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Sahitya Akademi Award 2018: Anees Salim, author of The Blind Lady's Descendants enjoys his winning moment

Books & Culture Trends: The Kerala-born author, Anees Salim wins the prestigious Sahitya Akademi Award (English) for his novel 'The Blind Lady's Descendants'.

Edited by: India TV Lifestyle Desk, New Delhi [ Published on: December 18, 2018 14:26 IST ]

Sahitya Akademi Award 2018: Anees Salim, author of The Blind Lady's Descendants enjoys his winning moment

Still recovering from the surprise of being named as the winner of the prestigious Sahitya Akademi Award (English) for his novel "The Blind Lady's Descendants", a long suicide note of a 26-year-old, author Anees Salim has said that the initial rejections he faced from mainstream publishers were shattering; but they also went a long way in strengthening and streamlining his writing.

The Kerala-born author, whose latest novel "The Small-Town Sea" garnered critical acclaim after its release in 2017, said he wished he was born a couple of decades later and started writing when it became considerably easier for an aspiring writer to be in touch with the publishing world. He contended that his literary journey has been a tough one.

"For instance, when I started writing, there was no such thing as a literary agent. There was no Internet and there were no avenues of opportunities for a writer to try his luck out, except for a few magazines. You had to wait for months on end to get even a rejection letter, with limited facilities to reach out to publishers and remind them of your submission," Salim recalled in an interview with IANS.

He maintained that the scene has changed drastically now and pointed to the "sheer number of books getting published".

"In fact, every time I visit a bookstore I am surprised and disappointed at once. Surprised by the number of books on the racks, and disappointed by the visibility enjoyed by pulp fiction. When I started writing, I used to frequent bookstores and spend long hours reading the opening passages of as many books as possible. I believed every bookstore had room for inspiration. And I used to consider people employed in bookstores as the luckiest ones, for they could feel, smell and read books all day," he said.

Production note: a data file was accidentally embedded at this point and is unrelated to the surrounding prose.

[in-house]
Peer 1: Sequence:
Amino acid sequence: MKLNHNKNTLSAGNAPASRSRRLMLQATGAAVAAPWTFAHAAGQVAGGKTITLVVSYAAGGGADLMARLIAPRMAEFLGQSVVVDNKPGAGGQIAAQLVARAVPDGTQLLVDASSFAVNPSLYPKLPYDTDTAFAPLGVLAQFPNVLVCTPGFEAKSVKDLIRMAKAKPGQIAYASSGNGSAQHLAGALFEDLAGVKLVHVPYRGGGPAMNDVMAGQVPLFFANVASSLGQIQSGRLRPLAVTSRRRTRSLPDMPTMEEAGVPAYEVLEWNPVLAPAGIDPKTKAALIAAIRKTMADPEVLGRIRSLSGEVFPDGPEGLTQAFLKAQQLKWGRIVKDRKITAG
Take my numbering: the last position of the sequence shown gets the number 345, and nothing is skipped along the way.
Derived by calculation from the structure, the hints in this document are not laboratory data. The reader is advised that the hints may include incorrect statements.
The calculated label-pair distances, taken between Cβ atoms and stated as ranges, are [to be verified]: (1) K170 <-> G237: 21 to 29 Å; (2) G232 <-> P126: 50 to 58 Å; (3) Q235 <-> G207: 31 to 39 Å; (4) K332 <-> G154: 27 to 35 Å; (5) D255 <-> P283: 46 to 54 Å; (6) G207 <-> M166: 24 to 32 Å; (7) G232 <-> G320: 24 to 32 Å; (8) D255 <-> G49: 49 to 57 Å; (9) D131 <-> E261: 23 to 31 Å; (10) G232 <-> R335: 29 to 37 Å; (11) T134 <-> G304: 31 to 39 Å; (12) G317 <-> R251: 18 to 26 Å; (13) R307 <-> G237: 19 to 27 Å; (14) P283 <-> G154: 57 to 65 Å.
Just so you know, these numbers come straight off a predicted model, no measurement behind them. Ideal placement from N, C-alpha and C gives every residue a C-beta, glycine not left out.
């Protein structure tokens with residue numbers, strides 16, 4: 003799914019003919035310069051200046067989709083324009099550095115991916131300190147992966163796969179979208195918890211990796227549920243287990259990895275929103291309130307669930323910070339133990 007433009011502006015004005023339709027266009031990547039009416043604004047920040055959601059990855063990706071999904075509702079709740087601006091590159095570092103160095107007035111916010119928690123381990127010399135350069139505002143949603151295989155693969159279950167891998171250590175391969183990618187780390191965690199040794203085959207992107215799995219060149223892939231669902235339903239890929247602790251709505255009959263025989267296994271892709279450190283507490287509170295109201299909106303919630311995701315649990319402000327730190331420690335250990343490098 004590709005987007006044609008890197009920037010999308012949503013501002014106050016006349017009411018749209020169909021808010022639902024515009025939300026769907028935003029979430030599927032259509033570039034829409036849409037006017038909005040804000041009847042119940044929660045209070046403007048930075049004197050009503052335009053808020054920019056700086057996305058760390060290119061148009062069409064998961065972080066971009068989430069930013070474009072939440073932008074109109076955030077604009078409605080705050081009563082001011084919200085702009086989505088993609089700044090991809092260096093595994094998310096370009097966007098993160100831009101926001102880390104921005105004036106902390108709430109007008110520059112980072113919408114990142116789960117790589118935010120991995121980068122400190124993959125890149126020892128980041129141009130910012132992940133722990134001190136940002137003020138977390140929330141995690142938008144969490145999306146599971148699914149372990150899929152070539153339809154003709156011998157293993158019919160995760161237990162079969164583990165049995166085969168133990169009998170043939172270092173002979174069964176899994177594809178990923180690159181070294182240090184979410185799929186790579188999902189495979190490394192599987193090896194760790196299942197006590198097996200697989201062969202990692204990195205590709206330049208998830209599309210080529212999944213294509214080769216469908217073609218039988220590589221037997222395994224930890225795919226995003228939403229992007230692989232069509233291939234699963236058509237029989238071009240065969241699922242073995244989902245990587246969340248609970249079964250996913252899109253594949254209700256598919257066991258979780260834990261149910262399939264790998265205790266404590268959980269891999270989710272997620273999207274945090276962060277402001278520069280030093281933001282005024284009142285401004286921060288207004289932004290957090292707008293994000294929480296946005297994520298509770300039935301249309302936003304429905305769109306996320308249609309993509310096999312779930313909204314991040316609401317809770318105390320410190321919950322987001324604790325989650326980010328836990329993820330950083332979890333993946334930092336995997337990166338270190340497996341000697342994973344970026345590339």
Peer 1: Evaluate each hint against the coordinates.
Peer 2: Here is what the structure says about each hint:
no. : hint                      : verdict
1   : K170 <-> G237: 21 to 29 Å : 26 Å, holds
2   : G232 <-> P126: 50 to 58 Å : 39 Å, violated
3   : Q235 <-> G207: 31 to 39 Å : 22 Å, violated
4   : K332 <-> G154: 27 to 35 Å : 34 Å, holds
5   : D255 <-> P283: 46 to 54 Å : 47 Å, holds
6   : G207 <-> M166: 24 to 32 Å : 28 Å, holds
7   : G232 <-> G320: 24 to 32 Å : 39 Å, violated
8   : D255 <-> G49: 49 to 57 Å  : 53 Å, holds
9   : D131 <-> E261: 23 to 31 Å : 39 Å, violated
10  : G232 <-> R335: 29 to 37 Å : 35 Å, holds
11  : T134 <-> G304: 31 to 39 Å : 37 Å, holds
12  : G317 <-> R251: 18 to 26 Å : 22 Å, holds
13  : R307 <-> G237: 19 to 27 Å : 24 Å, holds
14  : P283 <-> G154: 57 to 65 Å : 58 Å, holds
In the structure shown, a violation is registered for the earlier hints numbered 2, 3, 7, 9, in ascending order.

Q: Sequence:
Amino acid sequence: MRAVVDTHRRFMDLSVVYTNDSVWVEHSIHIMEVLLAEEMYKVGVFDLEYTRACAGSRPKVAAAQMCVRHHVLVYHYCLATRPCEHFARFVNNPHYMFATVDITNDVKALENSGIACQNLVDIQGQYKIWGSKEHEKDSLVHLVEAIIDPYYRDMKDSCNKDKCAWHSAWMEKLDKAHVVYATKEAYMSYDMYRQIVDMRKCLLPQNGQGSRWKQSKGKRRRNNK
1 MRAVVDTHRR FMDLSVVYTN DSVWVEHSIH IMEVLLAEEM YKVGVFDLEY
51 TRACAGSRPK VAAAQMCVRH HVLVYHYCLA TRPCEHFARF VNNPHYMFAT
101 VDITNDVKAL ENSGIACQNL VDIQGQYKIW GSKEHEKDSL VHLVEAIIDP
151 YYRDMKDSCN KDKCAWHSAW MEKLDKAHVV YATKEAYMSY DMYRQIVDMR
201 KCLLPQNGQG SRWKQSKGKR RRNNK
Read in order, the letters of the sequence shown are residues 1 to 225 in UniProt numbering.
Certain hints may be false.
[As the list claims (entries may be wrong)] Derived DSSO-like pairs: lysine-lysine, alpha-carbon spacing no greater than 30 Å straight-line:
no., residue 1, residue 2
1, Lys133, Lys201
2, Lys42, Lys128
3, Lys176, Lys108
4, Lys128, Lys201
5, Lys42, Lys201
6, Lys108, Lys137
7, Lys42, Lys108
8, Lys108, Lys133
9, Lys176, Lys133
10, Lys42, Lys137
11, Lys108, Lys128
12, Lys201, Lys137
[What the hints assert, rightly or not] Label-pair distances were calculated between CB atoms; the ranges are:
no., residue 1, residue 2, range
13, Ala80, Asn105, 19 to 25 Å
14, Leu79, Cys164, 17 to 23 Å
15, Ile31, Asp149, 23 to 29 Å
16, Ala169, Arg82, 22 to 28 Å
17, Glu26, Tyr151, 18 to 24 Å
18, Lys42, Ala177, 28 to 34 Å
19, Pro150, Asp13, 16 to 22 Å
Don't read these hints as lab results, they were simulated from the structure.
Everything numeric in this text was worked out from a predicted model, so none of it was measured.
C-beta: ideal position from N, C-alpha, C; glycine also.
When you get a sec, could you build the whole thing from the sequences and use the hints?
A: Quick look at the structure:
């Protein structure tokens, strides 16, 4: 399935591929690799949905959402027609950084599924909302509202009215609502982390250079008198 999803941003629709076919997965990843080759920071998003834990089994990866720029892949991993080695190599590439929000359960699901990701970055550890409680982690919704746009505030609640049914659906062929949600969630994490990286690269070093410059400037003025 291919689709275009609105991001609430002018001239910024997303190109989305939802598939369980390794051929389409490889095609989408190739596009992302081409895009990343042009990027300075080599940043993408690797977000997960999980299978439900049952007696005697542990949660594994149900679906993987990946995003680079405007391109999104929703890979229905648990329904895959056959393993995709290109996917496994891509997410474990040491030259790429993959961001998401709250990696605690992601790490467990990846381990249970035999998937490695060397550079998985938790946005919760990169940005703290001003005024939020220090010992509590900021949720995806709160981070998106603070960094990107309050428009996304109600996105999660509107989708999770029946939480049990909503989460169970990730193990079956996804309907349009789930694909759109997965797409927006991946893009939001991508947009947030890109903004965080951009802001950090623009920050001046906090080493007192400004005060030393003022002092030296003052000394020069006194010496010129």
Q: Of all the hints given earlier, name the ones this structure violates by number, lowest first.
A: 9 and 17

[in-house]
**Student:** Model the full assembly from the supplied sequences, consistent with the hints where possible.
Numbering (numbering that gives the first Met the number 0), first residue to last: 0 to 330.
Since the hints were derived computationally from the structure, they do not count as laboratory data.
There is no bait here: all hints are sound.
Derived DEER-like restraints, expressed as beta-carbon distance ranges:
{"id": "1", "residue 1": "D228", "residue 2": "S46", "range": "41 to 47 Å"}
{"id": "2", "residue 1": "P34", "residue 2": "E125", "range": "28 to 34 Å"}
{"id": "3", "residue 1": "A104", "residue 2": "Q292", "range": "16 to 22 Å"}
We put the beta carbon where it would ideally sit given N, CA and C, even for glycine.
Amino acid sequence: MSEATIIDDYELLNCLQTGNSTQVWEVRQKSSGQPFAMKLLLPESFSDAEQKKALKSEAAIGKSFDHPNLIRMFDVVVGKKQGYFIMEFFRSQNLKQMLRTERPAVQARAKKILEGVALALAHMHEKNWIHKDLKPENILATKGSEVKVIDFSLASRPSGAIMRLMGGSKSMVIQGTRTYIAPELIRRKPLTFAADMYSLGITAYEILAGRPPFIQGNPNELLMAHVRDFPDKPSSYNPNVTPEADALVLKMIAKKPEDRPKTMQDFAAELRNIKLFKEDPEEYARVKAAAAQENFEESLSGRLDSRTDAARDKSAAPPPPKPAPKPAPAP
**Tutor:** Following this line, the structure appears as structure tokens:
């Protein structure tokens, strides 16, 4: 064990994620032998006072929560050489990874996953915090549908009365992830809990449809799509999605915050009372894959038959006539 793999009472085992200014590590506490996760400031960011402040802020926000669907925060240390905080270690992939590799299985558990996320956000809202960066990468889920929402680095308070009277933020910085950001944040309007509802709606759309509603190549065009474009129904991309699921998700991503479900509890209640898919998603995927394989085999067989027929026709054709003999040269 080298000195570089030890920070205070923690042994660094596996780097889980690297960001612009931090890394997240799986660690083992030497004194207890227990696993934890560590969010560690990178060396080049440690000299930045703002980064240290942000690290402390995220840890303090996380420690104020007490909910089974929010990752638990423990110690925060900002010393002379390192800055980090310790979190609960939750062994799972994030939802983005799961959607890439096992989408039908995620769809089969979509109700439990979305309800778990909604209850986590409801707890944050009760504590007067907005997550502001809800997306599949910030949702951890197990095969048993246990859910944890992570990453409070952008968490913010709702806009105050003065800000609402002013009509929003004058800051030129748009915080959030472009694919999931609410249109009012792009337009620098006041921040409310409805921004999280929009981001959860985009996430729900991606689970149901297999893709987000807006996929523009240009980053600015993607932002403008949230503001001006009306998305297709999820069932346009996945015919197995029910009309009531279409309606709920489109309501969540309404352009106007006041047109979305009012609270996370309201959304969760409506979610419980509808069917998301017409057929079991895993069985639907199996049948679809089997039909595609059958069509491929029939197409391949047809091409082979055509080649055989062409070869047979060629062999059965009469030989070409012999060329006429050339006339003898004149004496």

But somewhere down the line, bookstores started to choke him.

"Too many books, too many frills. I wish the bookstores could give you a little more space," opined Salim, whose "Vanity Bagh" had won The Hindu Prize for Best Fiction in 2013.

On December 5, India's national academy of letters announced its annual Sahitya Akademi Awards in 24 languages, which were recommended by distinguished jury members representing each languages and were then approved by the Executive Board of the Sahitya Akademi under the Chairmanship of Akademi President Chandrashekhar Kambar. Salim's name in the list was hailed as a recognition long overdue by literati on social media.

"Rejections did shatter me. But they also strengthened me and streamlined my writing process. The more I was rejected, the harder I worked. I decided to keep writing irrespective of what publishers thought of my work. And by the time I got my first book deal ('The Vicks Mango Tree', 2012) I had finished a handful of manuscripts, out of which I showed three to my agent, the rest I found too simplistic to be shown around," the Kochi-based author said.

Despite his tedious journey to getting published, Salim maintained that India has some wonderful publishing houses who stay focused on quality.

"Publishers indeed have to cater to every kind of reader and every genre of writing has to prosper. But one thing I am totally against is the idea of self-publishing. I am afraid vanity publishing is the biggest enemy of reading and writing. Getting published should have nothing to do with your bank balance," he contended, in view of the rising number of self-publishing houses that have mushroomed across the country in recent years.

Salim said that every recognition changes the pace of his writing and every award makes him extremely cautious and somewhat slow. He recalled that he won his first award in 2014 and since then he must have discarded more than a dozen novels after the initial chapters, fearing that they will be frowned upon by his publishers who seem to have immense faith in him.

"I have already started writing my new book. It is too early say what it will develop into. But I have a historical backdrop in mind and I hope to finish it by the end of next year."

The Sahitya Akademi award, in the form of a casket containing an engraved copper-plaque, a shawl and a cheque of Rs 1 lakh, will be presented to Salim at a special function in January next year at Kamani Auditorium here.

(IANS Inputs)

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